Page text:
Khadija Ismayilova knew she didn’t have to go to prison. But in her mind, her only other option was to exile herself from her native Azerbaijan.
Over the past decade, the investigative reporter and commentator for Radio Free Europe/Radio Liberty (RFE/RL) and regional coordinator and partner for the Organized Crime and Corruption Reporting Project (OCCRP), had been shaking things up by exposing government corruption.
More recently, she was zeroing in on the activities of President Ilham Aliyev and his friends and relatives. She has said that she never set out to target them; their names just kept cropping up in her investigations.
Along the way, she started getting clear warnings —warnings other journalists might have heeded. Ismayilova knew that they were telling her to keep her nose out of places it didn’t belong.
But for her, running wasn’t an option.
So after returning from another of her frequent foreign trips — trips in which she spread the word about the crackdown on journalism and human rights in her country — she plunged back into her investigative reporting.
The more she dug, the clearer the picture became. Her investigations documented the outright plundering of the Azerbaijani treasury. She was uncovering a major league money grab. Based on her ongoing investigations, the First Family and its cronies seemed to be leveraging personal control of the former Soviet state’s transportation system, banks, government mining operations and more.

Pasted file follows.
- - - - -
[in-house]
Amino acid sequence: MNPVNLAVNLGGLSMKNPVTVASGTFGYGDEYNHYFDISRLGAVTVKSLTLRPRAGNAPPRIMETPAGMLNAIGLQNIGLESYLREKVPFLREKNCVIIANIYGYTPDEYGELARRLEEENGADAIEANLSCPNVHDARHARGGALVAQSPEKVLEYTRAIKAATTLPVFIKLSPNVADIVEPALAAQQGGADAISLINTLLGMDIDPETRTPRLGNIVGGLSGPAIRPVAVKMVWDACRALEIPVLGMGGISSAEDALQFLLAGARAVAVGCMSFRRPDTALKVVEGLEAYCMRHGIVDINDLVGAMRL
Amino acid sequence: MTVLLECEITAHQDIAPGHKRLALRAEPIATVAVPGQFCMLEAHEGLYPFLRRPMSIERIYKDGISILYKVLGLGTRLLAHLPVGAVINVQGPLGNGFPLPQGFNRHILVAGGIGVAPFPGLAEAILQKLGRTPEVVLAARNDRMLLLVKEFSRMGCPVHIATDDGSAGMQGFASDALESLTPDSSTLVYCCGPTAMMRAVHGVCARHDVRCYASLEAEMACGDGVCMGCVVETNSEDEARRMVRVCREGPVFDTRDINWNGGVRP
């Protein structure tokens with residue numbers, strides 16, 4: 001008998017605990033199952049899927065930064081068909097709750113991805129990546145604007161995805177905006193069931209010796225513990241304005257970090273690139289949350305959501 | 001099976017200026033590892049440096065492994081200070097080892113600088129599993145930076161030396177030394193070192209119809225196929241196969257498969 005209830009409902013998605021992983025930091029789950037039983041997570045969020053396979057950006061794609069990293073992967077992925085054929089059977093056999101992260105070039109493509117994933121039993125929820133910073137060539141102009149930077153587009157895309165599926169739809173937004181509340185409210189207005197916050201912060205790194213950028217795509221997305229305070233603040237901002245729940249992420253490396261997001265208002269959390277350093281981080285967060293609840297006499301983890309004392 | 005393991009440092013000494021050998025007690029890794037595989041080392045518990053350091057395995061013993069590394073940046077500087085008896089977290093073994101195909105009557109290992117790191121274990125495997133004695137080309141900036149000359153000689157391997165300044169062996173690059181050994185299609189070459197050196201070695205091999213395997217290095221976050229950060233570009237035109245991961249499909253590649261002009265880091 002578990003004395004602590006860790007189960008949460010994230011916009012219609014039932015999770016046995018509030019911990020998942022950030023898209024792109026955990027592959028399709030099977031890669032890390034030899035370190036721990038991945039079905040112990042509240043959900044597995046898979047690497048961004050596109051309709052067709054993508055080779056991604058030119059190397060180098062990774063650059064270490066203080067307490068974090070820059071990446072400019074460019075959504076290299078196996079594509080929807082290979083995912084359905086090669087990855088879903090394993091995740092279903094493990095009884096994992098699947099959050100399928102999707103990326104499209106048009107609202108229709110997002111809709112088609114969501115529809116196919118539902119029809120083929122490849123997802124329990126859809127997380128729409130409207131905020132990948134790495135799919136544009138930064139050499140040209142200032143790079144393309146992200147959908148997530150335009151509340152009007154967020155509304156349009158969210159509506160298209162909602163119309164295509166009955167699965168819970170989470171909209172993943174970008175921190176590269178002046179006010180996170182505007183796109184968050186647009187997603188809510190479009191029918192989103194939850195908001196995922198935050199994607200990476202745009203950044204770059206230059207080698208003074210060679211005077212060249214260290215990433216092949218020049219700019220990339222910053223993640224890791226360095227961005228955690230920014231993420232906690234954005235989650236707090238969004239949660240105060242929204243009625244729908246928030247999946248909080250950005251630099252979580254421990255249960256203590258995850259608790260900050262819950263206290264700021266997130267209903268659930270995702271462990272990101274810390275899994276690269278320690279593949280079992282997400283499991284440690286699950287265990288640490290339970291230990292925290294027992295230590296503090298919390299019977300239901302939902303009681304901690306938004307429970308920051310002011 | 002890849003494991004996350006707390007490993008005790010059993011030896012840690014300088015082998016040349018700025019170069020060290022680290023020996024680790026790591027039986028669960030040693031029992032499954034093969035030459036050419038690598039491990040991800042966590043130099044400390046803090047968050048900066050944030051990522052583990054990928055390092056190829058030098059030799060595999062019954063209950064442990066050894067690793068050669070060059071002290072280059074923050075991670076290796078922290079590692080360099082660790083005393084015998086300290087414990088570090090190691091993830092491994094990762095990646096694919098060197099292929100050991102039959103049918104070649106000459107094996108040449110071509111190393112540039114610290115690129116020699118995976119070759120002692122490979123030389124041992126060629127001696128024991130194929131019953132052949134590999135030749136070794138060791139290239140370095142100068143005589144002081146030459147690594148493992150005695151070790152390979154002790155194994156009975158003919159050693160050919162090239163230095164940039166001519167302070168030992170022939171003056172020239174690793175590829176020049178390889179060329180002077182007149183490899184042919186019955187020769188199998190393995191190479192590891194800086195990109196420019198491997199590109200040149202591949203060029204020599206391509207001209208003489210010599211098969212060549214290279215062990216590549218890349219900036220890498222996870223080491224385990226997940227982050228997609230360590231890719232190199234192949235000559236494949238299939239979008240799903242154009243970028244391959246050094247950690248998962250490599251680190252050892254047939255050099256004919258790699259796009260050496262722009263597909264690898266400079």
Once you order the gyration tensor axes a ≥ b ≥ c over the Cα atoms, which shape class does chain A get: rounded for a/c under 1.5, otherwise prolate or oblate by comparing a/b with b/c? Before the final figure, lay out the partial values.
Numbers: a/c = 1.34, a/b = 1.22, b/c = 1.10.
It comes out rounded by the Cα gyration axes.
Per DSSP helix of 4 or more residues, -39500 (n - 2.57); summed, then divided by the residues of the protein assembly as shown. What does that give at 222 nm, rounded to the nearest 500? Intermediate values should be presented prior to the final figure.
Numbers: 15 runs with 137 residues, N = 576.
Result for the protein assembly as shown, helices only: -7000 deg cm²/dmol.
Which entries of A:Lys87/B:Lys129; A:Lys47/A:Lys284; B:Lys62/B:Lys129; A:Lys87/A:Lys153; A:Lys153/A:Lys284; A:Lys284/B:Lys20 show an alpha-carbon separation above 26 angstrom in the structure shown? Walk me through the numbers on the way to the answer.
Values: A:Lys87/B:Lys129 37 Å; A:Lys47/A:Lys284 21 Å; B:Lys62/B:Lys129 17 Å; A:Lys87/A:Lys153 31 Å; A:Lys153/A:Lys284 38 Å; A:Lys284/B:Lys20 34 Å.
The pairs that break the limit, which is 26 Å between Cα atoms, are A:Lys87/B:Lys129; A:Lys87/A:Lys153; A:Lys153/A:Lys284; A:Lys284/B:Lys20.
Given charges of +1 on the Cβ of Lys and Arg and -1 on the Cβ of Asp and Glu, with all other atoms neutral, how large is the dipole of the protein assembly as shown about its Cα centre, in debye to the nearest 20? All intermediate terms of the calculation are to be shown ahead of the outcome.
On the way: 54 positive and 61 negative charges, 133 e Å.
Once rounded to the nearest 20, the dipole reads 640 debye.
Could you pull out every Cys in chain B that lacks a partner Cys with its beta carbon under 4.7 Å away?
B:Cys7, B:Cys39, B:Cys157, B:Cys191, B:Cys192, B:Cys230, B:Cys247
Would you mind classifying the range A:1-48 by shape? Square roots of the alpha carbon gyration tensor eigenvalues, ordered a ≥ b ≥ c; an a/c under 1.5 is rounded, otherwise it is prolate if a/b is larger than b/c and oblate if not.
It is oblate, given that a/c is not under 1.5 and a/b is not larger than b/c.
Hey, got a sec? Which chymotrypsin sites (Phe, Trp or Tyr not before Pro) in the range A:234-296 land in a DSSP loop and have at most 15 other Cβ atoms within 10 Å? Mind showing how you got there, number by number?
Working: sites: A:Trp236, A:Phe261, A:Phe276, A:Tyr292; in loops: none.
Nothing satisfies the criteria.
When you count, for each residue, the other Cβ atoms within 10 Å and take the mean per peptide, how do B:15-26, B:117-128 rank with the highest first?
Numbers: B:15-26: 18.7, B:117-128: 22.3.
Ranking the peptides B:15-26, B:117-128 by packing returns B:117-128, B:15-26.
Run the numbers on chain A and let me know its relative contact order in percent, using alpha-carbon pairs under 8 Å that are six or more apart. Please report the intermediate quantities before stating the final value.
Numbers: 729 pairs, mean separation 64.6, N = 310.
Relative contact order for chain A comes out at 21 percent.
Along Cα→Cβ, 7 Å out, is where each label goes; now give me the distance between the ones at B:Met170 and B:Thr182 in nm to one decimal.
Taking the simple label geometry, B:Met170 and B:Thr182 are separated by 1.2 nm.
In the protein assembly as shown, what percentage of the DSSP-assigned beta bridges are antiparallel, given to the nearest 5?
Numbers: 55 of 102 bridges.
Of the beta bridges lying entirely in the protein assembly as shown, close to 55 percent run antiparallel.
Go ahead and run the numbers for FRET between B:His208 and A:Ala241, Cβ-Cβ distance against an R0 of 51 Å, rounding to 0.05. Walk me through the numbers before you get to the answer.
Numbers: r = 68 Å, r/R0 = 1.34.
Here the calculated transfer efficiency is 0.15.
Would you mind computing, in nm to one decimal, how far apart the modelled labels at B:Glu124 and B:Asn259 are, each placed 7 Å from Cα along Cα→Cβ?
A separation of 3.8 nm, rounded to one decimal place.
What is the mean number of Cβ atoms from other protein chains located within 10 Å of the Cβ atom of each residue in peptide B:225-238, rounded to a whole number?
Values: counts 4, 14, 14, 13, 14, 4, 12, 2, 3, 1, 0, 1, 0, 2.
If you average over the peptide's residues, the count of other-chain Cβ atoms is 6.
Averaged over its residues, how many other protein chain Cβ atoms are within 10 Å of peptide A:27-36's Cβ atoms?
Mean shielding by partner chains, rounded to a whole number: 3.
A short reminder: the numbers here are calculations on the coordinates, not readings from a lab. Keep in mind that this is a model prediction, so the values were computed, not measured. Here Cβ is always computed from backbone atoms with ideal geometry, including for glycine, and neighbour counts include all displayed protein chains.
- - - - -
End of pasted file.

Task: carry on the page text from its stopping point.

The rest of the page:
The more she uncovered and reported, the more the government tried to close off the access to key information. When that didn’t stop Ismayilova, the threats of personal attacks began — outrageous, demeaning and humiliating attacks.
Ismayilova told them she wouldn’t stop, so they followed through by releasing hidden camera video of her most intimate moments.
The ploy backfired, however, and turned public sentiment in her favor, she said.
Next they arrested her on what her employers, supporters and leading journalism organizations consider to be ludicrous, trumped-up charges.
Nearly a decade earlier, it had been the assassination of another journalist that awakened the then-28-year-old reporter and inspired her to devote her life to exposing corruption, consequences be damned.
“My colleague, Elmar Huseynov, he was killed,” Ismayilova said. “He used to publish a very critical and independent magazine, ‘Monitor,’ which highlighted high-level corruption cases and the President’s family being involved in corrupt practices.
“So he was killed at his own doorstep.”
Ismayilova admits that, up until that time, she had been critical of Huseynov’s work. She says his stories were not balanced and he rarely verified what he was publishing as fact.
“I was so snobbish about what he was doing,” she said, “because I was coming from this high standard journalism — English language journalism. Sometimes his stories were not well done in terms of standard American journalism.”
But on Wednesday, March 2, 2005, she says she came home, switched on the television and watched a flash news report.
Someone had shot and killed Huseynov.
“At that moment, I remember it changed everything in my mind,” she said. “I was shocked. I didn’t know what to do.
“That was the moment when I felt guilty. I started crying — I just couldn’t control it. I couldn’t stop crying.
“I felt responsible. I felt it’s my fault as well. We killed him.
“He was a great journalist — very brave,” she said. “He was the only one who was doing this brave journalism.”